Writers Cell Block
Ted Conover is a writer who immerses himself in his subject. He has traveled with hoboes, investigated the lives of illegal aliens and hobnobbed with the rich and vacuous in Aspen. Three books came of those adventures. But the scariest assignment he gave himself is the topic of his latest book, Newjack: He became a guard for ten months at New York State's notorious Sing Sing prison.
"It's an awful job," he says. "With the Mexican guys in Coyotes (his second book), it was scary when you crossed the border. Going to prison is scary every single day."
Conover wanted to evaluate America's growing prison culture. He also wanted to explore the relationship between prisoner and guard. "The guard is mainstream society's last representative," he writes, "the inmate its most marginal man."
Ted Conover reads from Newjack: Guarding Sing Sing
The Tattered Cover, 2955 East First Avenue
7:30 p.m. May 17
Free tickets will be given out at 6:30 p.m
Conover's a liberal kind of guy, and the image of him strolling past locked-in men fingering his baton, ordering a strip search or participating in an extraction (in which heavily armed guards violently remove an inmate from his cell) is jarring. But much of what we know about prison life is distorted, he says. Though society howls for stricter penalties, popular culture turns the criminal -- once he's incarcerated -- into a victim.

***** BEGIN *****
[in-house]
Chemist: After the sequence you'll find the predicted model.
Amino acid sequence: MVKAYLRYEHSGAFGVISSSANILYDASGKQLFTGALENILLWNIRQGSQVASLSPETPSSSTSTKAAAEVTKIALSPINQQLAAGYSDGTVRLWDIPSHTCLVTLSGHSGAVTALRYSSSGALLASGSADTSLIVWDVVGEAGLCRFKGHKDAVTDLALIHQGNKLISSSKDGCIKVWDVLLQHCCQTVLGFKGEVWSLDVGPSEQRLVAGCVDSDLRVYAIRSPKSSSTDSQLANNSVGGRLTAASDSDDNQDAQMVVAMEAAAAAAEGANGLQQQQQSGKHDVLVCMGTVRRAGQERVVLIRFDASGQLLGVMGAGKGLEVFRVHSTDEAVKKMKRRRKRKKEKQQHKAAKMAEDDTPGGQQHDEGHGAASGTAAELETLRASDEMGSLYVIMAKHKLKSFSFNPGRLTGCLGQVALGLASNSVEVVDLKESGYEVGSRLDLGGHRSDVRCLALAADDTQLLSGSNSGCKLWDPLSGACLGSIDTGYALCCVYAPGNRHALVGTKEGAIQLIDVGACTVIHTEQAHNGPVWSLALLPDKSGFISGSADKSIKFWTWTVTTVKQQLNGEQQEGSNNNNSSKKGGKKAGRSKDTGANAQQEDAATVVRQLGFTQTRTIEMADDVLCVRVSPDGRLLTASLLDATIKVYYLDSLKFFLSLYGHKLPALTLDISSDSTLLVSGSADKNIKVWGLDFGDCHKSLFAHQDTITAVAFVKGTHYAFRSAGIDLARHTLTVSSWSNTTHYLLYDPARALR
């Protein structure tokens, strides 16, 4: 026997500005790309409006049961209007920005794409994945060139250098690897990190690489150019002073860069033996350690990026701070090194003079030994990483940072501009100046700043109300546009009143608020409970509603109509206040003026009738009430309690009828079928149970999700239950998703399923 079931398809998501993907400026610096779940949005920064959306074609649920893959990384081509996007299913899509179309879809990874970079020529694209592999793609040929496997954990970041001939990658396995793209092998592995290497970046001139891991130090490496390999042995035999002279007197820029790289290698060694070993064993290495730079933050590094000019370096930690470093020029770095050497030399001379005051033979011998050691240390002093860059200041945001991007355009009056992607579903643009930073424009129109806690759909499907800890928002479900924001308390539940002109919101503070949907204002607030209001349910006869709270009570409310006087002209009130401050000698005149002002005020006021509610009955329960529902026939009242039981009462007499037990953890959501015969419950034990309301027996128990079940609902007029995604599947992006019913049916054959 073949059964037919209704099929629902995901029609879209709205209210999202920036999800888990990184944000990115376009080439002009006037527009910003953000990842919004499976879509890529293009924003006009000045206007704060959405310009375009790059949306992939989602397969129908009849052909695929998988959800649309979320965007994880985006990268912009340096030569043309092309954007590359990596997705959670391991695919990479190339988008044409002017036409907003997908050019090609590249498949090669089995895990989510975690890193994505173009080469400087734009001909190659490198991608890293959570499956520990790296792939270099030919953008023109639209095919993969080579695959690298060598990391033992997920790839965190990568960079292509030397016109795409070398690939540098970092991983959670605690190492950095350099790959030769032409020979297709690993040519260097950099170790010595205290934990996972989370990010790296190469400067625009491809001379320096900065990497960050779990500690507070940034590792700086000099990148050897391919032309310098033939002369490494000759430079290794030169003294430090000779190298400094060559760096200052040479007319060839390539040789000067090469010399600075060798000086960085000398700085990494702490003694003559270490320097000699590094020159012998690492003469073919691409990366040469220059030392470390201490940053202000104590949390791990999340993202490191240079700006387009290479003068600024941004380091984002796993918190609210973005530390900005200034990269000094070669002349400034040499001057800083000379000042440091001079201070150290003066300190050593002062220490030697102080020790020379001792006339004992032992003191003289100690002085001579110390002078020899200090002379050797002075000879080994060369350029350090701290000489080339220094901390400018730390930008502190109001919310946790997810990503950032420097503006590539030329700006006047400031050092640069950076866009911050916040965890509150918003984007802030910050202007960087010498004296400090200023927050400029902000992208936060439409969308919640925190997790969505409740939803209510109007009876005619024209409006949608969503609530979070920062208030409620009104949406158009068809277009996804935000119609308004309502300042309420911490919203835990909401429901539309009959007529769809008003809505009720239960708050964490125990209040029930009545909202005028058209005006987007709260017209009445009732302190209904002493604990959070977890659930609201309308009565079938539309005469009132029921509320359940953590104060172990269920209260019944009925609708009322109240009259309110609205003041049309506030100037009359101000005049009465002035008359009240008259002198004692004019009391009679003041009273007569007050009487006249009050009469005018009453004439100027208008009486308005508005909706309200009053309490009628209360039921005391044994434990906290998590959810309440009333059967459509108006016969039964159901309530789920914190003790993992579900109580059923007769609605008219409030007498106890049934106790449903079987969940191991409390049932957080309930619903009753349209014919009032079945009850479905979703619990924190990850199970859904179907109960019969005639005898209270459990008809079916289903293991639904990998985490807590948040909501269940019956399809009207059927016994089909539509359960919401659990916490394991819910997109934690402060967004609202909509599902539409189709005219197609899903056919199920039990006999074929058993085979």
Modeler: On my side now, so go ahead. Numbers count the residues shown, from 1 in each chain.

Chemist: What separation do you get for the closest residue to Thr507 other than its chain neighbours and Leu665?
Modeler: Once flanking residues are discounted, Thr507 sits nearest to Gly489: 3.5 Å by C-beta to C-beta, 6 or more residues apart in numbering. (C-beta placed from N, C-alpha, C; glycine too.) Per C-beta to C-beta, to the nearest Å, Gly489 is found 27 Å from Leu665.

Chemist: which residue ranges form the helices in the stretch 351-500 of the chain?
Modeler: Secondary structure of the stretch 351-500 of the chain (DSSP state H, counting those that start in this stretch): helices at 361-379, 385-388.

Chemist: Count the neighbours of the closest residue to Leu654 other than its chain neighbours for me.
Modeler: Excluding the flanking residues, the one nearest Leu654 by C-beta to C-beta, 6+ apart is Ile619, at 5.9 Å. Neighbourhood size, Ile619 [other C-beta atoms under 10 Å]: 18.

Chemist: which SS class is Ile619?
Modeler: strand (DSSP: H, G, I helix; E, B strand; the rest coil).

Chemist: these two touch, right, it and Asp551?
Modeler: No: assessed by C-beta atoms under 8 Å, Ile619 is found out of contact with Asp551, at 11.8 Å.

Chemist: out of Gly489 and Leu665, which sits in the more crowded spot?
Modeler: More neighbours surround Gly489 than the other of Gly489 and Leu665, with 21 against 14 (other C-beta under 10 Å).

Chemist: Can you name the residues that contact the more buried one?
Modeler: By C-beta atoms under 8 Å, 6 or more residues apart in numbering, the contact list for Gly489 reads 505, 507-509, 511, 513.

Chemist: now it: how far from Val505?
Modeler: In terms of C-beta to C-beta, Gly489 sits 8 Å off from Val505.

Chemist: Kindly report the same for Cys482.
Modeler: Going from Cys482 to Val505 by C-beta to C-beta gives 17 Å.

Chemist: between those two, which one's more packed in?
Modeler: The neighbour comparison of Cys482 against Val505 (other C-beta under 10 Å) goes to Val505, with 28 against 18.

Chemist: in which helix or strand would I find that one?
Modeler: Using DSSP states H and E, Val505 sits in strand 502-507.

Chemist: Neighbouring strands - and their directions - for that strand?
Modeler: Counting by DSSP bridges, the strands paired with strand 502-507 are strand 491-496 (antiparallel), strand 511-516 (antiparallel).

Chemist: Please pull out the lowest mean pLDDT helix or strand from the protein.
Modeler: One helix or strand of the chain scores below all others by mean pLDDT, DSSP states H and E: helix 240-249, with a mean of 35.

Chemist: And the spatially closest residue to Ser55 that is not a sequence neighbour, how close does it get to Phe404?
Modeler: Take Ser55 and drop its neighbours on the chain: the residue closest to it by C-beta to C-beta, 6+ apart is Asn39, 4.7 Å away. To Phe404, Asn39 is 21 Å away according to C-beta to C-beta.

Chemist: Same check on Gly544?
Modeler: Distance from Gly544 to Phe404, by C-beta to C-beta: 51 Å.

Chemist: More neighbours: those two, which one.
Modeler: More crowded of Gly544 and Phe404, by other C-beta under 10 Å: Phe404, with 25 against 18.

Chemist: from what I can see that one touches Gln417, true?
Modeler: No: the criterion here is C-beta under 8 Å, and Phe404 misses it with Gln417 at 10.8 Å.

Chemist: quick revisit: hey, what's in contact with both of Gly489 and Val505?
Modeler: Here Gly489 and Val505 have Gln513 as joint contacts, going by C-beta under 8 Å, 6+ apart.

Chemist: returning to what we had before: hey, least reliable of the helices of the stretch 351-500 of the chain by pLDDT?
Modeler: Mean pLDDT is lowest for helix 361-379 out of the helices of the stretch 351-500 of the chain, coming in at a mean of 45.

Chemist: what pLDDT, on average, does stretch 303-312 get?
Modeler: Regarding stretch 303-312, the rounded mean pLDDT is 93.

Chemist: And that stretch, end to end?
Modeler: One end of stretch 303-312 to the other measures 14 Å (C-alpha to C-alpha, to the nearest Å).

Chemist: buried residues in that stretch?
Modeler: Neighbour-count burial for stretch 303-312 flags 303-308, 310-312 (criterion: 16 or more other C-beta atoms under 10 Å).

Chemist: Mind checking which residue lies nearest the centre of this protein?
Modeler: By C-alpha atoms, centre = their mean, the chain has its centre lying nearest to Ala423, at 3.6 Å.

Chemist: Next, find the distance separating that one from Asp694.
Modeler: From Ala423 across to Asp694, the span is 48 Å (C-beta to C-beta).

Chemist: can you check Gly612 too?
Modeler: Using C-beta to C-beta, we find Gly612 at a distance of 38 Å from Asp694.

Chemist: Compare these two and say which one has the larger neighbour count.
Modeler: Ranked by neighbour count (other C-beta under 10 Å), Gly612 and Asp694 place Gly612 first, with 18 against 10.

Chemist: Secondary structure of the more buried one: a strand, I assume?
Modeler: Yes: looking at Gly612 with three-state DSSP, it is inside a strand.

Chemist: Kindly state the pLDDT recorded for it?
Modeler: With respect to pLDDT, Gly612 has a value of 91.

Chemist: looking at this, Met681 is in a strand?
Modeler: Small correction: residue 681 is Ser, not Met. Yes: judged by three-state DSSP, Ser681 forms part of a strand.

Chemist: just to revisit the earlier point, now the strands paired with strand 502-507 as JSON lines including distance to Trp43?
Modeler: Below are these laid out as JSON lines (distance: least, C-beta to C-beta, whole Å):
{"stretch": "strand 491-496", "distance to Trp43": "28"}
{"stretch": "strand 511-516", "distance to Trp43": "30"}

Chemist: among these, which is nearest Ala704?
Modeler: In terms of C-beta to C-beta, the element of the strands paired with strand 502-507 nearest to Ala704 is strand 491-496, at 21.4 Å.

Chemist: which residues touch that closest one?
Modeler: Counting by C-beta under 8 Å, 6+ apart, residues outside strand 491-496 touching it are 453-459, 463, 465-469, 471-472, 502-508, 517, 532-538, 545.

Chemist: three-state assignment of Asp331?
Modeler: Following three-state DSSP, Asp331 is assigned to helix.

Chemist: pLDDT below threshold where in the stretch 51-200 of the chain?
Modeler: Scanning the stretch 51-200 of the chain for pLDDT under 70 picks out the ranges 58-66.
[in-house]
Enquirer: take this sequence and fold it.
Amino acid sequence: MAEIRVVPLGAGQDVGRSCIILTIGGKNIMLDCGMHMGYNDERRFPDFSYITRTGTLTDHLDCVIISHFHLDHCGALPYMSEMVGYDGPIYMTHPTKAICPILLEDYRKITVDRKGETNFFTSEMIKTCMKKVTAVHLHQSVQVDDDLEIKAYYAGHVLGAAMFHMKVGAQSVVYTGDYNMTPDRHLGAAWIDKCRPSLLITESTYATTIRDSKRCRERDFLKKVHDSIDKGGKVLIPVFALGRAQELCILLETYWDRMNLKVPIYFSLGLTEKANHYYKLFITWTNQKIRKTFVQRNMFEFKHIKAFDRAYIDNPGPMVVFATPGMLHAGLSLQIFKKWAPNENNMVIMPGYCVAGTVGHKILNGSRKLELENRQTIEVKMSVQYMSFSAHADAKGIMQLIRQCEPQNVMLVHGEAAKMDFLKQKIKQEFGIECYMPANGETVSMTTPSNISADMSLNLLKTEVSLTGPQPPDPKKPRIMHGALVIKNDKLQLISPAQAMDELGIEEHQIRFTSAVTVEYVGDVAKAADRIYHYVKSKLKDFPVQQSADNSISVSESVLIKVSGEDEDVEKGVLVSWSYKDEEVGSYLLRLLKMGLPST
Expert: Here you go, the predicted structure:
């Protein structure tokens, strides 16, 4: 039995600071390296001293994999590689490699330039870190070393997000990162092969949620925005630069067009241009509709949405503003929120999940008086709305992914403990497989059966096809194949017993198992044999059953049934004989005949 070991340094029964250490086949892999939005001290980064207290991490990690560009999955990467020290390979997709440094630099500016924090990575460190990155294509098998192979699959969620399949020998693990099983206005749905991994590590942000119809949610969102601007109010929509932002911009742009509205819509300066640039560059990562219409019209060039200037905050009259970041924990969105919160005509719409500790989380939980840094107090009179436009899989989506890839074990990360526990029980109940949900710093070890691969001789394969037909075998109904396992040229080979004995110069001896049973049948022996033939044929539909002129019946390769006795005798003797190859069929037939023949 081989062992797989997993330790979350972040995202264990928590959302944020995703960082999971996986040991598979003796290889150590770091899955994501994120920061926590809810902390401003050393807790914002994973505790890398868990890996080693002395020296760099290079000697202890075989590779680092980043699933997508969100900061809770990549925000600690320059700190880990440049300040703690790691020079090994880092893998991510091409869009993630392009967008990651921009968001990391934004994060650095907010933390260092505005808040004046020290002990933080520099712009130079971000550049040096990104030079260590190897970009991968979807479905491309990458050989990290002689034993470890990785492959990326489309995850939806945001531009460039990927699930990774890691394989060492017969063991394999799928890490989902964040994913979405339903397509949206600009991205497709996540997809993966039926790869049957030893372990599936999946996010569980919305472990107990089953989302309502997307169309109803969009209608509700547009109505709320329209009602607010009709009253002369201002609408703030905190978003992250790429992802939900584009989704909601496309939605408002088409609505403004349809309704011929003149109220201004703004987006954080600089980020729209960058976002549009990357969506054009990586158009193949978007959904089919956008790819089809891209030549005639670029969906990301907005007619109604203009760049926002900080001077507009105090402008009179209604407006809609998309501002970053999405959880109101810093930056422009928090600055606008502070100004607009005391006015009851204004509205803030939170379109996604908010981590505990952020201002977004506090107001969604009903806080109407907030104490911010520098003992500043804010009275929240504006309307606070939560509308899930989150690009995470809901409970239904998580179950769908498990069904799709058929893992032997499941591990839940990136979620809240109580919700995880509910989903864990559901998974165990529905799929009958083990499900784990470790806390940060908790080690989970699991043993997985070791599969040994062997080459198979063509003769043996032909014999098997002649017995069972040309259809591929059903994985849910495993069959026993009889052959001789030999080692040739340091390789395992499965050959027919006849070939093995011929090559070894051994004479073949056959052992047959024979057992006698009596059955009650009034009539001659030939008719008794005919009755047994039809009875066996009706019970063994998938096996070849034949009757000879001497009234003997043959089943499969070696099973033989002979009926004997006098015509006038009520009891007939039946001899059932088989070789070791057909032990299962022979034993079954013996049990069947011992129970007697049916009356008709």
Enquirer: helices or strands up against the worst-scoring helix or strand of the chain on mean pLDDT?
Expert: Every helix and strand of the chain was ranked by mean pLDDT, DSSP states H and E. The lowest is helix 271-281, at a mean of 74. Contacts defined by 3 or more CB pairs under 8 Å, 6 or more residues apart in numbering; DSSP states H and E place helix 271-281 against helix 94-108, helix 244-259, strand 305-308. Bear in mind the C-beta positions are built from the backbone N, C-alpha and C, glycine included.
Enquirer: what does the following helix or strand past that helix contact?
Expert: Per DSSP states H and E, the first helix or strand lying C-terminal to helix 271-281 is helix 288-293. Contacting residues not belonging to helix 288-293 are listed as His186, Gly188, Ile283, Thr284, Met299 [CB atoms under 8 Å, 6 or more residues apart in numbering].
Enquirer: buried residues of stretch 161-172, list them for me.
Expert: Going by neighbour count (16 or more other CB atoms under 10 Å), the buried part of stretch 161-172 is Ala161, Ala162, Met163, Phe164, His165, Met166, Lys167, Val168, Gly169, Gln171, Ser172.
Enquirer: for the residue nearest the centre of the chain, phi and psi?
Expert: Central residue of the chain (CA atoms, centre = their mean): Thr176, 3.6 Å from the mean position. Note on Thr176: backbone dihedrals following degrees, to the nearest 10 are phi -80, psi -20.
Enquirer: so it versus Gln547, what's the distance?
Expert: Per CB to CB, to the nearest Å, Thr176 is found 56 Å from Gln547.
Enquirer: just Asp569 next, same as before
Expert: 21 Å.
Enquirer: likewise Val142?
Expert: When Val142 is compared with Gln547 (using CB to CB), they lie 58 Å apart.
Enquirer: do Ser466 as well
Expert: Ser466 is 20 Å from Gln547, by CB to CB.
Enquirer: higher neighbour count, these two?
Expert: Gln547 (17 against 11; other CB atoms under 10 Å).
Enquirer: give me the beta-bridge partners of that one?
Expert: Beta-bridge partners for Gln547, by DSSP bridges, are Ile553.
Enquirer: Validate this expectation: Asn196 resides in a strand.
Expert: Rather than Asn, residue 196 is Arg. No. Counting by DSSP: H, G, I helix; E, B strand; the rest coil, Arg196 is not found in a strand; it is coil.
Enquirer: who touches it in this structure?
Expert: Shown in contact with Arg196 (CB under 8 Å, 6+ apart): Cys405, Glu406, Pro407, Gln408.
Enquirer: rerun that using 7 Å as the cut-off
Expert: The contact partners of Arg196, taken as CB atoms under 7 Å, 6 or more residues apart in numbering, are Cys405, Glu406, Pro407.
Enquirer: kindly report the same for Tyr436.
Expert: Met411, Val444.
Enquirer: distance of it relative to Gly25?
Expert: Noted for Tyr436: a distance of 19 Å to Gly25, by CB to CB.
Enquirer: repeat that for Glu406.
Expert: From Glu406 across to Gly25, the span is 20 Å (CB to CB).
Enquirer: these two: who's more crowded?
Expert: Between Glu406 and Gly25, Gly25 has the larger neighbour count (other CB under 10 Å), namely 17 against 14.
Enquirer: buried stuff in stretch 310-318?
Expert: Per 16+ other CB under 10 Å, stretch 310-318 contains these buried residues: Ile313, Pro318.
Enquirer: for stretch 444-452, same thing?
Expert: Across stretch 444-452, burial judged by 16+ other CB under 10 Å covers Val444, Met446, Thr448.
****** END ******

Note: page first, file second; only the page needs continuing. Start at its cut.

"The literary establishment cares a lot about Mumia Abu-Jamal," Conover says, "but never looks too deeply into the cases of, say, the white working-class guys who go berserk at post offices."
Guards are "decent people who have to do indecent things every day for months or years, and it changes them. Yes, you do feel like a beast, and that this is harmful to them and harmful to you. The great privilege of being a writer is being able to admit the complexity of things -- that there are good guards and there are irredeemable inmates." The guards are, after all, doing society's dirty work, because "prisons are our preferred solutions. You can't feel you've got clean hands because you don't see those places."
It concerns Conover that the concept of rehabilitation has been entirely abandoned and that, with the advent of supermax prisons, in which inmates are held for years in permanent isolation, society is returning to long-discredited methods. The supermaxes are "incredibly expensive," he says. "You're taking the worst of the worst and cutting their last tie to civilization. A lot of these guys are going to get out, and they're going to hurt more people.
"A more humane prison system would be welcomed by guards, too, just as guards are always in favor of weight rooms and television privileges," Conover adds. "I think everyone would like to believe that some good comes out of the work they do. Most guards would welcome the chance to make some kind of positive difference." And although guards must be careful not to become too friendly with prisoners, a couple of the inmates Conover worked with got to him. One of them handed him an article about plans for future prisons and said, "Do I have it right, Conover? They're planning prisons for kids who are now three or four years old?"
The second was a Puerto Rican prisoner serving his third sentence for robbery. The word "assassin" was tattooed on his chest; on his back was a sentence from Anne Frank's diary: "When everybody starts hovering over me, I get cross, then sad, and finally end up turning my heart inside out, the bad part on the outside and the good part on the inside, and keep trying to find a way to become what I'd like to be and what I could be if...if only there were no other people in the world."
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